How does ibuprofen work?

Ibuprofen helps relieve pain and reduce inflammation by stopping the body producing large amounts of natural chemicals called prostaglandins when you have an illness or injury.

Prostaglandins are released into your body when you are sick or injured, making nearby nerves more sensitive to pain. This helps your body realise something is wrong. So when you put your hand on something sharp, the nearby nerves tell your brain, which sends a message that your hand hurts.

Prostaglandins also make tissues inflamed and swollen – they are one of the reasons why you get a sore throat when you are sick and why a sprained ankle becomes swollen and painful.

Because ibuprofen blocks the production of prostaglandins throughout the body, it can be used to help relieve pain and reduce inflammation.

What are the different types of ibuprofen available?

Ibuprofen comes in a range of different formulations. The two most common are oral formulations, which can be swallowed with water, and topical formulations, which are applied to the skin.

After you swallow an ibuprofen tablet, capsule, or caplet, it ends up in your stomach where it begins to dissolve. As the tablet, capsule, or caplet dissolves, ibuprofen is released and then absorbed into your bloodstream. Once ibuprofen is absorbed into the bloodstream, it travels throughout the body to start blocking the production of prostaglandins, which helps to relieve pain and reduce inflammation.

In recent years, new formulations of ibuprofen have been developed. Two examples are ibuprofen lysine and ibuprofen sodium dihydrate. The ibuprofen sodium dihydrate formulation is absorbed up to twice as fast as standard formulations of ibuprofen. 

Formulations made for use in children and infants are also available. Children’s liquid ibuprofen can be used for infants and children from 3 months of age. Soft chewable capsules can be used in children from 7 years of age. 

What is ibuprofen used for?

At over-the-counter doses, ibuprofen is used to provide temporary relief of pain and/or inflammation associated with:

  • Headache, including migraine headache and tension headache
  • Muscular pain
  • Cold and flu symptoms
  • Period pain
  • Back pain
  • Dental pain
  • Arthritic pain
  • Sinus pain

Ibuprofen also reduces fever.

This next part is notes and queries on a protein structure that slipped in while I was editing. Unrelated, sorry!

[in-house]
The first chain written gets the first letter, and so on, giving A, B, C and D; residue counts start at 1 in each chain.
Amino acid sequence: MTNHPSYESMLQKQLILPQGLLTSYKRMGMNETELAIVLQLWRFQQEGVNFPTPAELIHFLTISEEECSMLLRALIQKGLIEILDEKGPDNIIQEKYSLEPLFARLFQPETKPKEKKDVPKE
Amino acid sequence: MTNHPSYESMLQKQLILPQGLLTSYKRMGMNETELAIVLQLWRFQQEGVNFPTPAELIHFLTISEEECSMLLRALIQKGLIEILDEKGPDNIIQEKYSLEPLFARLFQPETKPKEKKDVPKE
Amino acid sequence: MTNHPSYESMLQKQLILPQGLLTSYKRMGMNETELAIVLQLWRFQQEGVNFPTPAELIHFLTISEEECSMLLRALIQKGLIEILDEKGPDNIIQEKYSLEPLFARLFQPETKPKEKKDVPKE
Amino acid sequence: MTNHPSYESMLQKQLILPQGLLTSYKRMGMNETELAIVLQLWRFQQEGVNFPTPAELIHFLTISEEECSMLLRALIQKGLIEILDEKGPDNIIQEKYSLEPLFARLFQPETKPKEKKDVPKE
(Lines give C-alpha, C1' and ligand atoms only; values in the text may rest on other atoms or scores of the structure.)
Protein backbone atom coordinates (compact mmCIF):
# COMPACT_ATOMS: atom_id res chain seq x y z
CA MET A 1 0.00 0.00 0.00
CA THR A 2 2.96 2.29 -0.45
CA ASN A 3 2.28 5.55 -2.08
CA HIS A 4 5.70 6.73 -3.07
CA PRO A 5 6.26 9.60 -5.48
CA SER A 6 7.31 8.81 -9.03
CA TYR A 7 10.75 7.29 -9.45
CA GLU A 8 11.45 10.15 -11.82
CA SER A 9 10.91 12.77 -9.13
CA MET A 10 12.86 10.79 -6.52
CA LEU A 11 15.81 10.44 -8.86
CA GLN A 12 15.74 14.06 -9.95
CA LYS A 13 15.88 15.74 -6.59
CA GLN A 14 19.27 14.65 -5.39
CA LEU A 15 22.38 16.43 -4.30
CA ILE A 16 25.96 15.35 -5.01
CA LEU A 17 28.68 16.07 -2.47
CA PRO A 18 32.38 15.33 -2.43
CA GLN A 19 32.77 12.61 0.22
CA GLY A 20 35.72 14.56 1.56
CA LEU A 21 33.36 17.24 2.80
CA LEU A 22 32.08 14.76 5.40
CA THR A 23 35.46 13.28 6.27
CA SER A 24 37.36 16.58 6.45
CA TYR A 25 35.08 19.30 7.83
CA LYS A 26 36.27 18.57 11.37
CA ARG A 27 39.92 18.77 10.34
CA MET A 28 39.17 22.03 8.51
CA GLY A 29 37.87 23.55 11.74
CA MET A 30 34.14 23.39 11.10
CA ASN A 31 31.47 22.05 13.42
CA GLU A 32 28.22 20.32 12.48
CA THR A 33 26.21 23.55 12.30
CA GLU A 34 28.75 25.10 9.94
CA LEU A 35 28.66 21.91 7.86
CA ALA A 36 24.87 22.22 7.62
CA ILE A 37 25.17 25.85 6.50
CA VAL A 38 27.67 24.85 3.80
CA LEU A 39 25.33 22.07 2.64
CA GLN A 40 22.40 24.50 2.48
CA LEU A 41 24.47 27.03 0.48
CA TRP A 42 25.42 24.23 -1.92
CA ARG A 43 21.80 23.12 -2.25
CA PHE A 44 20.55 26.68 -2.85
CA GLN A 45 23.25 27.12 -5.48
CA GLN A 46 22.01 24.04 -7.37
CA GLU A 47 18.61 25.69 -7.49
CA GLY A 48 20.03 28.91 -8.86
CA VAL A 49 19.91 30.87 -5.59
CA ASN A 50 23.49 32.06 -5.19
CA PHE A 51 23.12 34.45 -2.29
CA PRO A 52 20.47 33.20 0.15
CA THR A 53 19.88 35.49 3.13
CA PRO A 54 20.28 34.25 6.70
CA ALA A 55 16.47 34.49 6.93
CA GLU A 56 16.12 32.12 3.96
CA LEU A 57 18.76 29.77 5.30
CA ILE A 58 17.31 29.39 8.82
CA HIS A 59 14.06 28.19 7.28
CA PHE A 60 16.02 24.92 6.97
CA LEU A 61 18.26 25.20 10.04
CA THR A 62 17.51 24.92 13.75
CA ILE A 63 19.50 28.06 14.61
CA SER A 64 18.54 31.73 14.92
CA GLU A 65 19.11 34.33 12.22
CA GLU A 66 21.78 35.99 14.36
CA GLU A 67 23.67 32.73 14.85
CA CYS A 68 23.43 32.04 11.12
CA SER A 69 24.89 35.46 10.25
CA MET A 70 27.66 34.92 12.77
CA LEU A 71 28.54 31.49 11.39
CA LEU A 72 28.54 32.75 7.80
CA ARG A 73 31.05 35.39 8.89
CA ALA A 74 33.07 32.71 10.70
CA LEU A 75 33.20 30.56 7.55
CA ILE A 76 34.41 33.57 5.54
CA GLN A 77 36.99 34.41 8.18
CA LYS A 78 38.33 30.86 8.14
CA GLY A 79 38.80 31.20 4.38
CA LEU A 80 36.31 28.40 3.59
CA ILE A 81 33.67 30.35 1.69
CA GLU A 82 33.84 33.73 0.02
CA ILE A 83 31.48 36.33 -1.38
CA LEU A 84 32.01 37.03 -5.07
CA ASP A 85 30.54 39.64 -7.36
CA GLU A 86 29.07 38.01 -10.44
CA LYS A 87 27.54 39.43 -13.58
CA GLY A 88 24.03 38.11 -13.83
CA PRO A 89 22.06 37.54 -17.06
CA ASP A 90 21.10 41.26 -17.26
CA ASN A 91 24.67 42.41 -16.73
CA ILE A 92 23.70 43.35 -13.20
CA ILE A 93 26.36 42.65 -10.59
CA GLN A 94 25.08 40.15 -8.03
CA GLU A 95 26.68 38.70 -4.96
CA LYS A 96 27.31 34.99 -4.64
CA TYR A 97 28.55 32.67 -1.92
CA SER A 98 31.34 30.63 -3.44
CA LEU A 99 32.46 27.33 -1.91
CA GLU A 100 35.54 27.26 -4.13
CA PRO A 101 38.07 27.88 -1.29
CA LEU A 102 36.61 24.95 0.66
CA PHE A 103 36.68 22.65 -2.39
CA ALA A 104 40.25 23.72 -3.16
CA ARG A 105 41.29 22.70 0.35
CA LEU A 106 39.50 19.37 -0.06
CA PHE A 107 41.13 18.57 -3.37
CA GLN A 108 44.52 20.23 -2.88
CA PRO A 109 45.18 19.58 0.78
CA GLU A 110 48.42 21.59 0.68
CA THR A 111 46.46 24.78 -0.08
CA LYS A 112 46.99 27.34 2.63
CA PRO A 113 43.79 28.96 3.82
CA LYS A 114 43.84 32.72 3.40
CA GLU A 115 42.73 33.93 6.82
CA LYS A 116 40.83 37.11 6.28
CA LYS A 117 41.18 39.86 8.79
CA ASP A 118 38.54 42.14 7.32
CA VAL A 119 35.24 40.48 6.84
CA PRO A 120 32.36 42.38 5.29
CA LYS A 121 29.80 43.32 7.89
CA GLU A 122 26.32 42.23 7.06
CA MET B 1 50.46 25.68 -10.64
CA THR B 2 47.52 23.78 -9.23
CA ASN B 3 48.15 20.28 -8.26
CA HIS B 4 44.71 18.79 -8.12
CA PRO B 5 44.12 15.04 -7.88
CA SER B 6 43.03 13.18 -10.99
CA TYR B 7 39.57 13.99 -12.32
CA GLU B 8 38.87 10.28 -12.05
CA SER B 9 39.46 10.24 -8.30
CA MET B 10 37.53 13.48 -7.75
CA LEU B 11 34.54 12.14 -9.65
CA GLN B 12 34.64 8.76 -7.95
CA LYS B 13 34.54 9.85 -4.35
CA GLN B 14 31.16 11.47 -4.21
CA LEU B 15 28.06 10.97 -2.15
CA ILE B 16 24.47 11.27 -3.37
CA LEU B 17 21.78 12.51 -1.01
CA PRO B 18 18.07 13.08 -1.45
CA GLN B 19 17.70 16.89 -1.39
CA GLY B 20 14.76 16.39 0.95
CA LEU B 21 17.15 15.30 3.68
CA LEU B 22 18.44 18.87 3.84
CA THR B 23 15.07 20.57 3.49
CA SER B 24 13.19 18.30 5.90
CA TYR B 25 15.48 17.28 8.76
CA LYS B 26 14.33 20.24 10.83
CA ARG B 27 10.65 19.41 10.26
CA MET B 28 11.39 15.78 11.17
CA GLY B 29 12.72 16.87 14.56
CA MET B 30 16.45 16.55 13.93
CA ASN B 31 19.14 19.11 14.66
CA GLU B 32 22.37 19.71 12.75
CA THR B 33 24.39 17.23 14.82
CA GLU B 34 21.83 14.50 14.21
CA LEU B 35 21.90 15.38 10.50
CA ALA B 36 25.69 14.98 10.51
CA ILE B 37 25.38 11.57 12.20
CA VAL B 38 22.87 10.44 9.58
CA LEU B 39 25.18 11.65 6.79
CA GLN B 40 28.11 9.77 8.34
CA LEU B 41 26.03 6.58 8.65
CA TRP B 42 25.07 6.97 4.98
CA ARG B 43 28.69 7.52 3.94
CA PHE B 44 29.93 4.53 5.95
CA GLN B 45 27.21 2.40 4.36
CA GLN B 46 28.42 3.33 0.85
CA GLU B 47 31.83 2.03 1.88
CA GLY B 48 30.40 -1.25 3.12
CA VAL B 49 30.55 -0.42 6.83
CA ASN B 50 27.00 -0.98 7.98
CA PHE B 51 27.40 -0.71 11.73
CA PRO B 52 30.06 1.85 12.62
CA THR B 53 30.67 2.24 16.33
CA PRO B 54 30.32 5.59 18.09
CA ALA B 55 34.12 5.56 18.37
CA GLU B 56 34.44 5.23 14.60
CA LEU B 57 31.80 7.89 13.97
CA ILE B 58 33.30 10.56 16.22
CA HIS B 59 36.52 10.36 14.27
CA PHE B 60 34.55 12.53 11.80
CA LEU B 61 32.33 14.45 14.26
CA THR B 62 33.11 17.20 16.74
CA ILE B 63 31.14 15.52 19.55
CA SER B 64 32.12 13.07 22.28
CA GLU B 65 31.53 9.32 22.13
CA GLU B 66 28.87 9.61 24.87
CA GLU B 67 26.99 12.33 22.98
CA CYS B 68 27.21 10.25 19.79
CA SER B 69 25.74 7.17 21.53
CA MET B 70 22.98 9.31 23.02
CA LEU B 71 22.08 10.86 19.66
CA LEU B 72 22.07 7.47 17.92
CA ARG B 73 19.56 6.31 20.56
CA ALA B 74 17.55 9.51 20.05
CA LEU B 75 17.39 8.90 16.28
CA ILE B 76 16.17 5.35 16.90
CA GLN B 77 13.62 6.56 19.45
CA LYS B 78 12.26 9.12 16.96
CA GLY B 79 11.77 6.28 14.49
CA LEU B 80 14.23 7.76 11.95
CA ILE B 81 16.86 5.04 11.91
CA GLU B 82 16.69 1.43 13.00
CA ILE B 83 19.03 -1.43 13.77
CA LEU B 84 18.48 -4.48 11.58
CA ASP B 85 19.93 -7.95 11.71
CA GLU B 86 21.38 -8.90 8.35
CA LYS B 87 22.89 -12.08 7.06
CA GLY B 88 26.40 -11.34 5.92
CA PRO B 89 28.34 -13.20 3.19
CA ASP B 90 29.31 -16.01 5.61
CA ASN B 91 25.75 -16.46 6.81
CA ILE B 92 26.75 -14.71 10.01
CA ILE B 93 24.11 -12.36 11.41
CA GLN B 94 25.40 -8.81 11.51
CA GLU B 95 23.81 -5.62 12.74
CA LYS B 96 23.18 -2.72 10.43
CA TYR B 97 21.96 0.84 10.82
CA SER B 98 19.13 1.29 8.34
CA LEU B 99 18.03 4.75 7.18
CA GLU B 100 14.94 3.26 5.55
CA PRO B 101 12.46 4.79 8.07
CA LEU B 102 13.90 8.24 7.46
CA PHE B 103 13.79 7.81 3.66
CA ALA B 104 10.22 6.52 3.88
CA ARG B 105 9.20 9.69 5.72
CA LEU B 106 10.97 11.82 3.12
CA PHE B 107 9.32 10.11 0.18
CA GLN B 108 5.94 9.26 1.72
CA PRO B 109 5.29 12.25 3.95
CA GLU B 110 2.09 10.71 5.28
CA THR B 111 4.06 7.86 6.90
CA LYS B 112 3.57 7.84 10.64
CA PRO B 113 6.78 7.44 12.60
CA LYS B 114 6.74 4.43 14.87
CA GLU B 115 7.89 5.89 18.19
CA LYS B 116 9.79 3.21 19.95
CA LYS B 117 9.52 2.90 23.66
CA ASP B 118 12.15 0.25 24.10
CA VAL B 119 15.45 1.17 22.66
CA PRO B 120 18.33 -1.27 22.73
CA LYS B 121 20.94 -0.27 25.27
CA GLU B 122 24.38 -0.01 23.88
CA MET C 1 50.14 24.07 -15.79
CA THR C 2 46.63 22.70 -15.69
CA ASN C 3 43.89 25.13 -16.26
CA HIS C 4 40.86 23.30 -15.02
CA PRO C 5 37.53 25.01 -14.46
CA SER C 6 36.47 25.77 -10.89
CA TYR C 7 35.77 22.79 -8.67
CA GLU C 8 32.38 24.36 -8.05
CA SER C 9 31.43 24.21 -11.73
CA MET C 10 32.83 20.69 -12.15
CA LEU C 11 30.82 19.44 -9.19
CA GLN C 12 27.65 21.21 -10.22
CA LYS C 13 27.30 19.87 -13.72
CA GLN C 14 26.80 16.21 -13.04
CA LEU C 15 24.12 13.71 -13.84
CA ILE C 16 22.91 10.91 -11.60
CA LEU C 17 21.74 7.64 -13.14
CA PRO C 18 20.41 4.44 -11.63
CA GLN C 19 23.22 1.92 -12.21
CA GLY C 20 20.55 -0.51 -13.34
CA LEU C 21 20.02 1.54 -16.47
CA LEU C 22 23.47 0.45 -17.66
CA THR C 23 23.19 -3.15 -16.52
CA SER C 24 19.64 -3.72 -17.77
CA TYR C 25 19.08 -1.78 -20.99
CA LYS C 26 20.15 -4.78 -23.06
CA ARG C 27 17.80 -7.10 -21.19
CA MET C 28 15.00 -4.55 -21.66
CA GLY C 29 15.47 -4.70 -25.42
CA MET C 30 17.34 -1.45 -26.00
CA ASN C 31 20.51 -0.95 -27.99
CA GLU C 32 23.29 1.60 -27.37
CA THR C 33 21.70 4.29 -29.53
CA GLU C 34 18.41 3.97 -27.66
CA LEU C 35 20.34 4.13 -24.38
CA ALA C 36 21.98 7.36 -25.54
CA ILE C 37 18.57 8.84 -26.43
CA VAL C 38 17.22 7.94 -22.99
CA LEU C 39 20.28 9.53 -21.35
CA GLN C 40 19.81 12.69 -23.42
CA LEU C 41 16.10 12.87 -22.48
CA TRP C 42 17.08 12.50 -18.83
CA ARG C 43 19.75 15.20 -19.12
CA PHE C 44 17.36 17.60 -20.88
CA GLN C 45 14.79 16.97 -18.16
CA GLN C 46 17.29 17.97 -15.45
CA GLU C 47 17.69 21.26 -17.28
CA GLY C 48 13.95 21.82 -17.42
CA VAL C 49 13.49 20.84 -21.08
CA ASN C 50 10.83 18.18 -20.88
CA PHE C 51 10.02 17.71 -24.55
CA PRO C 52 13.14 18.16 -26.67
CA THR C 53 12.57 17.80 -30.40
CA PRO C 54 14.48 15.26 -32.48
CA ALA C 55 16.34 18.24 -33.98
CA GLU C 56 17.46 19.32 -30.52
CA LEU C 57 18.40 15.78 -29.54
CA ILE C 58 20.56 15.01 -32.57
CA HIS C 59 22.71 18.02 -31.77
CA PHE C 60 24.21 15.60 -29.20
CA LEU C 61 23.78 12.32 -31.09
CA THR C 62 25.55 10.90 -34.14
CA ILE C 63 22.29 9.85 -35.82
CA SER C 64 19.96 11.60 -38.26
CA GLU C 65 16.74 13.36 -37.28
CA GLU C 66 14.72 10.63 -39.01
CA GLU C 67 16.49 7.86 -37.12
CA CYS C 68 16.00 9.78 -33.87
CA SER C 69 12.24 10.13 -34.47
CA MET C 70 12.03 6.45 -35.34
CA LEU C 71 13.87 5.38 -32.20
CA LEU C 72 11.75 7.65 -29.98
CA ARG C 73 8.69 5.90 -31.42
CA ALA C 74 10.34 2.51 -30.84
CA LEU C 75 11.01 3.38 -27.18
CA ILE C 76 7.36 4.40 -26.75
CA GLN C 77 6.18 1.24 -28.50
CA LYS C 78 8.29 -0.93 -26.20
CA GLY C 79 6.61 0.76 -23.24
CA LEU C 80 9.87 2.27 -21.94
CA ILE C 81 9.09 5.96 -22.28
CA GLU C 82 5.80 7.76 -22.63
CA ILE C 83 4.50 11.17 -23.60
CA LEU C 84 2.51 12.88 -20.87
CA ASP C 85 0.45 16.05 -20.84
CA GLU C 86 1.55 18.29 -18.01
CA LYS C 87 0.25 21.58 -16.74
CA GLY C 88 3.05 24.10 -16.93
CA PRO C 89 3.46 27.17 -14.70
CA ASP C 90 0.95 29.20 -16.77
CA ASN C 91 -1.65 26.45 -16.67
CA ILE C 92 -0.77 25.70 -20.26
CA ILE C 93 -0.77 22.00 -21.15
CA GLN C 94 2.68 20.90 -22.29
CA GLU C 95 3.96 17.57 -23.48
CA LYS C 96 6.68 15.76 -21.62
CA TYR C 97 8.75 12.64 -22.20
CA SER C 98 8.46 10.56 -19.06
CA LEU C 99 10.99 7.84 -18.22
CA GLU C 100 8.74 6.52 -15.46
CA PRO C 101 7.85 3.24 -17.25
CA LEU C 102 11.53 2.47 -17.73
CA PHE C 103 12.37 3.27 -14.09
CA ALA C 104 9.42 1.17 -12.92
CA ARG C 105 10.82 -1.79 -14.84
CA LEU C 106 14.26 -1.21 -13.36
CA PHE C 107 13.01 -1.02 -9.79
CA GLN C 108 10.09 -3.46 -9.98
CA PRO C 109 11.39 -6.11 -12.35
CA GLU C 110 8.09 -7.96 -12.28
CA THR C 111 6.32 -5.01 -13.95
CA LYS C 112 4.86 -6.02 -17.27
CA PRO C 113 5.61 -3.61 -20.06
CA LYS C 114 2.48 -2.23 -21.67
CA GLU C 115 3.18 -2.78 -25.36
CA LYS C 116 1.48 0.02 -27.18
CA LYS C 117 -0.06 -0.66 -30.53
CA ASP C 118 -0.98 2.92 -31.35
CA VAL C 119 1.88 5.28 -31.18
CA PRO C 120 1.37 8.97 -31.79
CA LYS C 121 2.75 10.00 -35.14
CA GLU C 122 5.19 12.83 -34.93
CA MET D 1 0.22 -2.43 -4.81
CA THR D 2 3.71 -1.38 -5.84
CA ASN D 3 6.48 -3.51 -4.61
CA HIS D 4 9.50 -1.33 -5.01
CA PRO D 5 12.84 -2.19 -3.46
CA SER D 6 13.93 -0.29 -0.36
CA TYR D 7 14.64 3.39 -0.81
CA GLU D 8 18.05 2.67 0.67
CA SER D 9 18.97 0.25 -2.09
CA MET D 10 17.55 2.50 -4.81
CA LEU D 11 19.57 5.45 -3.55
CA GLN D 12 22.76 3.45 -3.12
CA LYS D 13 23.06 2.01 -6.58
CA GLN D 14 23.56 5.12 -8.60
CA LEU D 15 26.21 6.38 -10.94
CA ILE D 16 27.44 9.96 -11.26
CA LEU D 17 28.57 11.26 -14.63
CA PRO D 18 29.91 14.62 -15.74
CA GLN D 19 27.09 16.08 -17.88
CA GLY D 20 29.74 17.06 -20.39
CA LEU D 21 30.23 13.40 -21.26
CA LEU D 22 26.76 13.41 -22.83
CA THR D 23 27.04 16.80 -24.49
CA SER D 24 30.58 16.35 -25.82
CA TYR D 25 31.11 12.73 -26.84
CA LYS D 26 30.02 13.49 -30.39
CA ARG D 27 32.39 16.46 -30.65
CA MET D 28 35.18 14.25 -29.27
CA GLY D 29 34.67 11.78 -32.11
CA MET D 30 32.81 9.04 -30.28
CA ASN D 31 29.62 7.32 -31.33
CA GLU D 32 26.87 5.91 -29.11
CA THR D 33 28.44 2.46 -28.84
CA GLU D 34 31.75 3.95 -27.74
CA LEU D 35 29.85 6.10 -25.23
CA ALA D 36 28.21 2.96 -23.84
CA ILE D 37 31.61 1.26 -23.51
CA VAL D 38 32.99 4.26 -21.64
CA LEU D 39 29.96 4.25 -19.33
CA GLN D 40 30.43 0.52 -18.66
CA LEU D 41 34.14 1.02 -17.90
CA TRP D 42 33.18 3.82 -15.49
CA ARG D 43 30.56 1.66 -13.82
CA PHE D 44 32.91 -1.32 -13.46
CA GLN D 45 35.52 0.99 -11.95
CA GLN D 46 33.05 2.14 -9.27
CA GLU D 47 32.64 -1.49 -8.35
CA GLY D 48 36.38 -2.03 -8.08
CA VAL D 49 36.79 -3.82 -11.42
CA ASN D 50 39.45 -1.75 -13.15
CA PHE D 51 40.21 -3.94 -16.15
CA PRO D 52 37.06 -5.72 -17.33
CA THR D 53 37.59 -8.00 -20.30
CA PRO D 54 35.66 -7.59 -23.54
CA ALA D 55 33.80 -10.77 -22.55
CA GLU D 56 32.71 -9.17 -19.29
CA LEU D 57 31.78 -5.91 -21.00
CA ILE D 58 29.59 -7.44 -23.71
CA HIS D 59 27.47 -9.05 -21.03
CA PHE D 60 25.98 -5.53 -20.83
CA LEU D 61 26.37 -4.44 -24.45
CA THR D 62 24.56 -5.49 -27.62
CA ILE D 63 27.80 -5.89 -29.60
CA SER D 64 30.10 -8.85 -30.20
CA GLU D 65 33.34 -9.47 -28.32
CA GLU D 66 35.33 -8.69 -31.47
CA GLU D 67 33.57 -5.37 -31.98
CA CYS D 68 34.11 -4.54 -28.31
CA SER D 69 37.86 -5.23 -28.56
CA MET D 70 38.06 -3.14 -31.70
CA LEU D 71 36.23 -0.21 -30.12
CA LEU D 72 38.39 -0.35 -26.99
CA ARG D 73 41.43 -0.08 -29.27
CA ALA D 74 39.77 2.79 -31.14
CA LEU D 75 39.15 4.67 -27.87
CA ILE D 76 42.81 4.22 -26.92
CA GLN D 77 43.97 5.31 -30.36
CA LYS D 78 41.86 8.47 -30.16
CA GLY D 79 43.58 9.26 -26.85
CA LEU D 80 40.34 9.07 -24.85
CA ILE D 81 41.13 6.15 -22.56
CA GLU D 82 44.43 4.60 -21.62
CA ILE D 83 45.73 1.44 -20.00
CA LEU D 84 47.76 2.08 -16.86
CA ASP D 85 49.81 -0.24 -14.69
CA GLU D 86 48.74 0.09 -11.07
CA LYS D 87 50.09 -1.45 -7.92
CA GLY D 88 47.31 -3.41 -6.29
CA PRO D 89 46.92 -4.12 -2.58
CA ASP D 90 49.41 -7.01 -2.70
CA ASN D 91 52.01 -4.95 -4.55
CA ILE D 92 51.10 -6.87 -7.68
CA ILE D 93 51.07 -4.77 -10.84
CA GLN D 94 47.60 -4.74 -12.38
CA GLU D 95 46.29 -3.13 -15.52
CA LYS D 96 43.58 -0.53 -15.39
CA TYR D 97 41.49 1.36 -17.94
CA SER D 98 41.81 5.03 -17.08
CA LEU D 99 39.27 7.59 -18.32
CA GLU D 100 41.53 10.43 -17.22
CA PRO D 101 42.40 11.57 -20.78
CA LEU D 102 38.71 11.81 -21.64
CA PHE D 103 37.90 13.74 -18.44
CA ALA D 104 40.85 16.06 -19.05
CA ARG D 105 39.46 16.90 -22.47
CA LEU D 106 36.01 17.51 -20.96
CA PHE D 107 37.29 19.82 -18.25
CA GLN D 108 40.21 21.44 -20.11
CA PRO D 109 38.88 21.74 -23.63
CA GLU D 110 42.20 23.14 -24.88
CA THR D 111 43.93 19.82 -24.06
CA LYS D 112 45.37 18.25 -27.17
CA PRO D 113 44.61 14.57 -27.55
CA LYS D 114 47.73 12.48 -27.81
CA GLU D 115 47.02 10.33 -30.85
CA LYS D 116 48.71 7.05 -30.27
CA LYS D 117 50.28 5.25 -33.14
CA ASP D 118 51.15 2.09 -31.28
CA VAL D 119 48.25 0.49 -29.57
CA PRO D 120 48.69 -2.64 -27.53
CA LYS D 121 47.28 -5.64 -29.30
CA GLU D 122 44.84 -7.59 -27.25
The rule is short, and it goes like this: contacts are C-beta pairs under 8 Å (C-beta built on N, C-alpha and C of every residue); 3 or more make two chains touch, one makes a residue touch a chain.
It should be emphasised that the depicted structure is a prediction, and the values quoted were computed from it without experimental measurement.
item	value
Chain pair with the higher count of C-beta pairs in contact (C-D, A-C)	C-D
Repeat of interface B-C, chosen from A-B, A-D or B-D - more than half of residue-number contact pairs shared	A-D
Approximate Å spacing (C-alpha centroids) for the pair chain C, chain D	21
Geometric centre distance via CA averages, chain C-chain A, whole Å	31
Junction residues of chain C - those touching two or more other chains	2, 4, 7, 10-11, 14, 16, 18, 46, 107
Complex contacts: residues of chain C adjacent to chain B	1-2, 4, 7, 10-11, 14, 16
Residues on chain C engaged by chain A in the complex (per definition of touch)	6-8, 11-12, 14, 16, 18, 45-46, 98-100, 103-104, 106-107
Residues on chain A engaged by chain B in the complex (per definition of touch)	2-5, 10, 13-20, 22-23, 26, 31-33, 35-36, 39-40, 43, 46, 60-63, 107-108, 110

Ibuprofen vs paracetamol: types of pain relievers

Pain relievers available in your supermarket or pharmacy can be divided into two groups:

  • Those that mainly act at the site of the pain
  • Those that are thought to mainly act centrally – in the brain

Ibuprofen, aspirin, and other NSAIDs work by blocking pain signals mainly at the site of pain.

Paracetamol is a different kind of pain reliever that is thought to act mainly in the central nervous system (the brain). 

What’s the difference? Ibuprofen vs paracetamol

  Ibuprofen Paracetamol
Type of medicine NSAID Analgesic
How it works Blocks pain signals mainly at the site of pain Thought to work mainly centrally (via the brain) to reduce intensity of pain signals
Common brand names Nurofen, Advil, Brufen, Ibugesic, I-Profen, Medix Panadol, Ethics Paracetamol, Paracare, Pharmacare Paracetamol, Apo-Osteo, Paracetamol Osteo-Tab


History of ibuprofen

Ibuprofen was discovered and developed in the 1950s and 1960s by the research arm of the UK-based сompany Boots, led by Dr Stewart Adams and Dr John Nicholson. Boots sold their ibuprofen product to Reckitt Benckiser in 2005.

What is an NSAID?

NSAIDs (short for nonsteroidal anti-inflammatory drugs) help to relieve pain and reduce inflammation by blocking the production of pain-causing chemicals called prostaglandins.

There are many types of NSAIDs available in both supermarkets and pharmacies. Over-the-counter NSAIDs that you can select for yourself include aspirin, diclofenac, naproxen, and ibuprofen. Other NSAIDs are available with a prescription from your doctor.